So here’s a list of the ways that some families give back, if you want to follow suit.
- Wishing Trees
There are plenty of these around. Kids hospitals and shopping centres often have a tree, Kmart has one, and you can even add a few extra dollars to your groceries at Coles to go to a gift for a sick child over Christmas. The concept is simple – you buy a gift and pop it under the tree for an unknown recipient. Our school started their own after a few mums felt they wanted to contribute to the greater community. If you are brave enough, you could do the same. Some trees donate to children living in poverty, others to the elderly.
2. The Reverse Advent Calendar.
I LOVE this idea. I think it is my favourite. These are homemade calendars that are pretty simple to make. A friend of mine used a photo frame and hung 24 gift cards off it, (one per day). Each tag reveals when turned around reveals a different Christmas activity. Some are simple, like watching a Christmas movie with a friend, others are a charitable activity like donating to a local hamper, or volunteering time for a local Christmas Drive. You could even do it with random acts of kindness, adding in 24 different acts leading up to Christmas.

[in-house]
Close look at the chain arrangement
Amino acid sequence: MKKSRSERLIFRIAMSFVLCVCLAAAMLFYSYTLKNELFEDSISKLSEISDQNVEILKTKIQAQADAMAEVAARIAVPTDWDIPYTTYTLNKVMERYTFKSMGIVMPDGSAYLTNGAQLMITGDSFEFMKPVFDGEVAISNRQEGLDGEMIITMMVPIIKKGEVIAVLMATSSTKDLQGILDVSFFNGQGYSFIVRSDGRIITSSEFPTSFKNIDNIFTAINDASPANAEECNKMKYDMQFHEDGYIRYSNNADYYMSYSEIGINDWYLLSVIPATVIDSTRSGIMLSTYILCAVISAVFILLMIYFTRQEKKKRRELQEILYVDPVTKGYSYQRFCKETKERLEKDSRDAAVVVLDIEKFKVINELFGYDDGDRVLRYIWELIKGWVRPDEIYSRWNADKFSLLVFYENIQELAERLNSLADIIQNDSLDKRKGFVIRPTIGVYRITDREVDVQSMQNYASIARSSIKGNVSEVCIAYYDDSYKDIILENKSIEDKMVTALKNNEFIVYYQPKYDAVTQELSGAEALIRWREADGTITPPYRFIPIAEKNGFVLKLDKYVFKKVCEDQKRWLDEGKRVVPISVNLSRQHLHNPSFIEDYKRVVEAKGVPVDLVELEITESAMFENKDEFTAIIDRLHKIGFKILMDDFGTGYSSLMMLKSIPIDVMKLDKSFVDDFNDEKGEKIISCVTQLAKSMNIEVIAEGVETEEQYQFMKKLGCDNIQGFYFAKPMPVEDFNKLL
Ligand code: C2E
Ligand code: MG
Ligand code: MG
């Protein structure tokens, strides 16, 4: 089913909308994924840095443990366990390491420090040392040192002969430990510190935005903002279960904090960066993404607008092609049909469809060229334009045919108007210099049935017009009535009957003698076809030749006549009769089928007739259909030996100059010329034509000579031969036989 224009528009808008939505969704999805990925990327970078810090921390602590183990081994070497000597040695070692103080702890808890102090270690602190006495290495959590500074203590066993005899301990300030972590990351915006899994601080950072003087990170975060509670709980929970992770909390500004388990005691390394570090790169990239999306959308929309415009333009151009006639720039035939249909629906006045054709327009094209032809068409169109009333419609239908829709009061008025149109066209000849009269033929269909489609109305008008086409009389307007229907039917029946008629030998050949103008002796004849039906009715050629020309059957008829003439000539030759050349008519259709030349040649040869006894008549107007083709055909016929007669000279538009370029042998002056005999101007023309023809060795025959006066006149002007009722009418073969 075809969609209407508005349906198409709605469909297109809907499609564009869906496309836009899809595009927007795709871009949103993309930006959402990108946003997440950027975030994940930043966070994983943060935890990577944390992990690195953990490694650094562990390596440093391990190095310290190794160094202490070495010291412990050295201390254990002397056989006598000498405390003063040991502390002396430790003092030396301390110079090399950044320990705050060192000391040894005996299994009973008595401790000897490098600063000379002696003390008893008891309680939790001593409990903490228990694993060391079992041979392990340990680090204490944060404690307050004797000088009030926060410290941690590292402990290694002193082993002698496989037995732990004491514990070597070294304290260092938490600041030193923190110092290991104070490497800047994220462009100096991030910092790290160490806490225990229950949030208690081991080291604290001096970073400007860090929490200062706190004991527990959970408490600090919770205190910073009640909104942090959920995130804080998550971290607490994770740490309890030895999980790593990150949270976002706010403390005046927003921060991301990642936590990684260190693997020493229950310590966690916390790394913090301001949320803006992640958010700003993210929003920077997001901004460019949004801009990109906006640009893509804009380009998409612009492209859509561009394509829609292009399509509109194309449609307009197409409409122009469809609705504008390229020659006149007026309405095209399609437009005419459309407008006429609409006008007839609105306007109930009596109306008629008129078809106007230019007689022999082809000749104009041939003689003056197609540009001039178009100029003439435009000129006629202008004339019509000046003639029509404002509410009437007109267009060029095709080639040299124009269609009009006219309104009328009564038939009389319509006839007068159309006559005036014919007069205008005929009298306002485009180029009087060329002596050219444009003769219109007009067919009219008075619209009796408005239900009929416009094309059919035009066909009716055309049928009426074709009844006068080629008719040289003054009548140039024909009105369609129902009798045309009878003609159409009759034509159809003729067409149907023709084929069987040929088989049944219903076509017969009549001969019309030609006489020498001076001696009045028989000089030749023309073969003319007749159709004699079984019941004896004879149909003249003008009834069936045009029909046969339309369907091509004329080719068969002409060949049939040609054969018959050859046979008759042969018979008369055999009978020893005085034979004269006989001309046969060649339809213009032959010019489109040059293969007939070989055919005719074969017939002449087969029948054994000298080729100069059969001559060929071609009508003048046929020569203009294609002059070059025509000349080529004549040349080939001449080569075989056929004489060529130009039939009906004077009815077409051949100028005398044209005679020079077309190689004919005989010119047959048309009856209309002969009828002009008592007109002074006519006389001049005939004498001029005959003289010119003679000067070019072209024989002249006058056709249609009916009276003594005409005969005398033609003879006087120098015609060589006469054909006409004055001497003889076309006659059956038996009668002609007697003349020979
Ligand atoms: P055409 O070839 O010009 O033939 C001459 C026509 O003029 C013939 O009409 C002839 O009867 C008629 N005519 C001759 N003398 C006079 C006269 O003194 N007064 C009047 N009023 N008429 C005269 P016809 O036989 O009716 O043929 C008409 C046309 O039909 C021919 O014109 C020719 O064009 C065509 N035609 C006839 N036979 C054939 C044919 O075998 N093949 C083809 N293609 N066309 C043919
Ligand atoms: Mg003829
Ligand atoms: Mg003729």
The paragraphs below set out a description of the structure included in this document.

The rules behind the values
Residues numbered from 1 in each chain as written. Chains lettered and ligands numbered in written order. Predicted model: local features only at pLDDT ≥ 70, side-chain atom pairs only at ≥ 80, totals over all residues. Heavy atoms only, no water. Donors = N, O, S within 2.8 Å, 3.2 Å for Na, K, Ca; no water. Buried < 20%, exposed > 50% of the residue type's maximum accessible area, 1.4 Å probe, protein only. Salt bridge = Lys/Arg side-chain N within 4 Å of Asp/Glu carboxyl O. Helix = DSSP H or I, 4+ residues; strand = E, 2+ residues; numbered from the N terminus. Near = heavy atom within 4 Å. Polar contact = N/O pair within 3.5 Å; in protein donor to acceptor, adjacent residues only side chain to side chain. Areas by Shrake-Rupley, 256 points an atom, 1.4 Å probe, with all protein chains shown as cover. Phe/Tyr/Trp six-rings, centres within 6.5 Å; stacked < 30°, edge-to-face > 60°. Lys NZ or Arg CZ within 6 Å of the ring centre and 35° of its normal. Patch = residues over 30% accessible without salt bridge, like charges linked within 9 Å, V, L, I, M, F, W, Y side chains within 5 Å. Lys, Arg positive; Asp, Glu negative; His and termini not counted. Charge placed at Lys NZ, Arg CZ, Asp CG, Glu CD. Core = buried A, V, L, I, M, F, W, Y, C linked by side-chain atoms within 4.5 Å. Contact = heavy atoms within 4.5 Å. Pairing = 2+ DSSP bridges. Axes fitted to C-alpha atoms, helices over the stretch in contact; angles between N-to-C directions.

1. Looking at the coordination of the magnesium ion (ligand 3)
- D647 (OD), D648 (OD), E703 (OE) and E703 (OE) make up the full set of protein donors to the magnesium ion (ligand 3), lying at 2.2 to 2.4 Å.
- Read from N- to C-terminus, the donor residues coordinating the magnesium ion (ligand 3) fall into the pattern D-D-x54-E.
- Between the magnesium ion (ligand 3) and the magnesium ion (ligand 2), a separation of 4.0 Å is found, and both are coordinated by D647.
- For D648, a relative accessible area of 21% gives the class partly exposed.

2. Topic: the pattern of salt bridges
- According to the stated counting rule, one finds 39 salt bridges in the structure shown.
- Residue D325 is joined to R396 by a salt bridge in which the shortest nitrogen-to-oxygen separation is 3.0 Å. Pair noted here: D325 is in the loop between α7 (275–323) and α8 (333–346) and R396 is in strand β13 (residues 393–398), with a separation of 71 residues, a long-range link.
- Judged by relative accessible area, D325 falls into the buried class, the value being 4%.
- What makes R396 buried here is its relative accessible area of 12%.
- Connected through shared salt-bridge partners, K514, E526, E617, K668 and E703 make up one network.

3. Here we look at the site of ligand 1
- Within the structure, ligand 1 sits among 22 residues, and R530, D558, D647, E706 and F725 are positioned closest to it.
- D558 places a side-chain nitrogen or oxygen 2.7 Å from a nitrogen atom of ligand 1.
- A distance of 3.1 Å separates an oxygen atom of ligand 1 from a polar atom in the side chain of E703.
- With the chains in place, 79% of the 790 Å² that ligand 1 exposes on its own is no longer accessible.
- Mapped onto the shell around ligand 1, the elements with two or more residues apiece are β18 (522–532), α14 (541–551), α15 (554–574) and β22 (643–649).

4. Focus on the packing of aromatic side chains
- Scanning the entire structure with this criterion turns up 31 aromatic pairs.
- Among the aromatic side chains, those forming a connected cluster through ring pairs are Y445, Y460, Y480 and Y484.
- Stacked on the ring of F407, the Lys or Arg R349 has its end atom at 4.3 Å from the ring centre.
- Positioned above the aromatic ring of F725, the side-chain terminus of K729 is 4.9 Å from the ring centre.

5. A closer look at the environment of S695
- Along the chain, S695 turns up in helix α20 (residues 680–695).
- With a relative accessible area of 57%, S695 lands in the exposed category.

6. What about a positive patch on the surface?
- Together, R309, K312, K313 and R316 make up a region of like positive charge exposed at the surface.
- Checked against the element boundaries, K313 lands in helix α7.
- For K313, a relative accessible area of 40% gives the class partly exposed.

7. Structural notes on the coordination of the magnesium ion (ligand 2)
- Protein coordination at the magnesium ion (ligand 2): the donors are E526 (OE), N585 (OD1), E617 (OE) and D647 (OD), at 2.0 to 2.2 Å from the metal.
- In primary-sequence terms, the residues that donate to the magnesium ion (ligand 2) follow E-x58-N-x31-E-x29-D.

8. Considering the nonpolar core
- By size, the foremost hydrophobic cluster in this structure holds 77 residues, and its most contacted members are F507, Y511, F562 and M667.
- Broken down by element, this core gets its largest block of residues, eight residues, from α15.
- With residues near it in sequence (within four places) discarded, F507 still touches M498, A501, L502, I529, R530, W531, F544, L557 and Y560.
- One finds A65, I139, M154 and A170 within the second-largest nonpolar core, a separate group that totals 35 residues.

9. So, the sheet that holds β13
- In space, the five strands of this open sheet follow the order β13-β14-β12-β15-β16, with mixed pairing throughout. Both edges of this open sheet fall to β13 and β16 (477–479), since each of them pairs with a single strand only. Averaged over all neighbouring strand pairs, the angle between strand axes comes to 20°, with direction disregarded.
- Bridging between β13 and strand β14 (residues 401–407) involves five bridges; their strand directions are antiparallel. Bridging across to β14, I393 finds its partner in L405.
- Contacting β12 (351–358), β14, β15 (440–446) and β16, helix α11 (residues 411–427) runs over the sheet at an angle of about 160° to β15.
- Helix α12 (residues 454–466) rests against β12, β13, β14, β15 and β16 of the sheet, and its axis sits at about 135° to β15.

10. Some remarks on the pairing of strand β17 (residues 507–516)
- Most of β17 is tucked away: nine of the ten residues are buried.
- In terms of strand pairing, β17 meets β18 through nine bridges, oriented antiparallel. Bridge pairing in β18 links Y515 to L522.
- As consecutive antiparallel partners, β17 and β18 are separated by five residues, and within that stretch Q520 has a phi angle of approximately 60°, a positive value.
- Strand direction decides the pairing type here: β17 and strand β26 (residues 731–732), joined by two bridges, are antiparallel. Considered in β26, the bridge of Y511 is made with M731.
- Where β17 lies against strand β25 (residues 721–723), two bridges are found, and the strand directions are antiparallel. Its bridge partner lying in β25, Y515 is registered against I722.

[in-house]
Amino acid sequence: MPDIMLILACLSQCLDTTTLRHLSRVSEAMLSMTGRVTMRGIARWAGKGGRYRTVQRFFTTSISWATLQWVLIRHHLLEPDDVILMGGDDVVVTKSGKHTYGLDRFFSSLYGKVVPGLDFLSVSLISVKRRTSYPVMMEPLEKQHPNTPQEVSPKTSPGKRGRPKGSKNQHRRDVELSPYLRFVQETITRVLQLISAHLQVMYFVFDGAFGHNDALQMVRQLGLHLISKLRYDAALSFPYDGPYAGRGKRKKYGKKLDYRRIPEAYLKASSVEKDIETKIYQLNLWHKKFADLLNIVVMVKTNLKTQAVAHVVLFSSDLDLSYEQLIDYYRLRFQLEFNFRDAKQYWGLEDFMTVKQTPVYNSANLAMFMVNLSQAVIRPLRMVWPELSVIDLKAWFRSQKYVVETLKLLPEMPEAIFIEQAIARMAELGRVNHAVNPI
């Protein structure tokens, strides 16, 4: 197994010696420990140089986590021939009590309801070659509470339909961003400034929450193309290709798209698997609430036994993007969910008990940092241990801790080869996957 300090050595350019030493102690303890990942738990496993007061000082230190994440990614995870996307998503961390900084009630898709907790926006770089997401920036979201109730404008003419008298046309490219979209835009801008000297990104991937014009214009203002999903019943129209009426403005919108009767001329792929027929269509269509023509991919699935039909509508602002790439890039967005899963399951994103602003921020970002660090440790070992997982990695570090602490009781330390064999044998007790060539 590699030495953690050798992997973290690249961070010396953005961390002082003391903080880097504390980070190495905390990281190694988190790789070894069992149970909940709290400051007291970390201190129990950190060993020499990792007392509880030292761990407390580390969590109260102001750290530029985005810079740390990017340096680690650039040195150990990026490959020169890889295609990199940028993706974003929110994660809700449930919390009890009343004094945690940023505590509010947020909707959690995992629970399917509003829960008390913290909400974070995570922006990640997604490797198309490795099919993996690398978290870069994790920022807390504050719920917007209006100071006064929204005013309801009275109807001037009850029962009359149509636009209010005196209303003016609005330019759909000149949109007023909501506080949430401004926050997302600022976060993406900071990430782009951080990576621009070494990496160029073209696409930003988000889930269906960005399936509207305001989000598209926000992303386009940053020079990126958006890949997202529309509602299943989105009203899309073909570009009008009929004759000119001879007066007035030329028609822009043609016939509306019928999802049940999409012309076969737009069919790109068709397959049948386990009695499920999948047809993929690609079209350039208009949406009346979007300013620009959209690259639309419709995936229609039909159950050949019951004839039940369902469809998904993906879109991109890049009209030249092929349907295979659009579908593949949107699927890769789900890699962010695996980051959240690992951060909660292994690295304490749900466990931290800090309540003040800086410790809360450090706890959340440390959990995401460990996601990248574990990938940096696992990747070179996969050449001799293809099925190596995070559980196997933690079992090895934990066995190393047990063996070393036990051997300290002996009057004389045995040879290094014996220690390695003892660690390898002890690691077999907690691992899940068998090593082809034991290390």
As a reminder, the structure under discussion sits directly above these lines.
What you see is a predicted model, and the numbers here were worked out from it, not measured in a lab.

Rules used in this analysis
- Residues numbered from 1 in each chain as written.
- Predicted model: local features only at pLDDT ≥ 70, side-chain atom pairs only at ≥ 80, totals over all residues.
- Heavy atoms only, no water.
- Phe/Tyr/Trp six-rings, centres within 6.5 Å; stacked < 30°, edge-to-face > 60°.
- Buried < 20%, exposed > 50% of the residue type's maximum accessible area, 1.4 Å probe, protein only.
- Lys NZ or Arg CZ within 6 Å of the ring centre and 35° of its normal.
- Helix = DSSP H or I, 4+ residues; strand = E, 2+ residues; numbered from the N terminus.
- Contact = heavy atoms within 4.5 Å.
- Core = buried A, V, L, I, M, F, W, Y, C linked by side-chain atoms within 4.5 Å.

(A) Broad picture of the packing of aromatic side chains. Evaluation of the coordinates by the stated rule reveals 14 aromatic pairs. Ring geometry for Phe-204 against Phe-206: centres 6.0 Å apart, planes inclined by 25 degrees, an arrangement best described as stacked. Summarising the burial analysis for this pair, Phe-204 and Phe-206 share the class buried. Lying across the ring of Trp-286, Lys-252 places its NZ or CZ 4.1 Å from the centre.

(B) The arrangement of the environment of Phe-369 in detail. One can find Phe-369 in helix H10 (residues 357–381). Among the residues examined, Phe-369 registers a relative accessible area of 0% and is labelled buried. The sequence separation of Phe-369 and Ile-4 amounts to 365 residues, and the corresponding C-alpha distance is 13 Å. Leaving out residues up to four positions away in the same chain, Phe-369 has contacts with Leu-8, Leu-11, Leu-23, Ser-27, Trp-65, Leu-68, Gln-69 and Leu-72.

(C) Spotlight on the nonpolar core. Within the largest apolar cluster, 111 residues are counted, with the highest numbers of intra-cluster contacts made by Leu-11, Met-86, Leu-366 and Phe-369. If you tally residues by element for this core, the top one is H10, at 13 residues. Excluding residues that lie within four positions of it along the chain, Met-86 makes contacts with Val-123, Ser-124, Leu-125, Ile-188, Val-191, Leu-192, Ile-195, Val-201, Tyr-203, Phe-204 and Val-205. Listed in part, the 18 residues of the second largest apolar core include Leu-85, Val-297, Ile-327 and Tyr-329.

3. Collect Canned Goods and Donate to the Homeless
Adding a can of non perishables to each pre Christmas shop in late November/early December can create a pretty good supply of food for a needy family over the festive season. There are plenty of food banks around that will be glad of the donation.
4. Donate to a Women’s Shelter
I love ideas that recycle items that will remain unused. Some people collect unused toiletries either from hotels or from their own cabinet (we all know there’s a secret stash of stuff we can’t bear to throw out at the back of the bathroom cabinet that we’re never going to use), and donate to a local women’s shelter. Others participate in drives like the Share the Dignity initiative, filling an unused purse with items that may be useful for a mother in need.
5. Open Home Christmas Events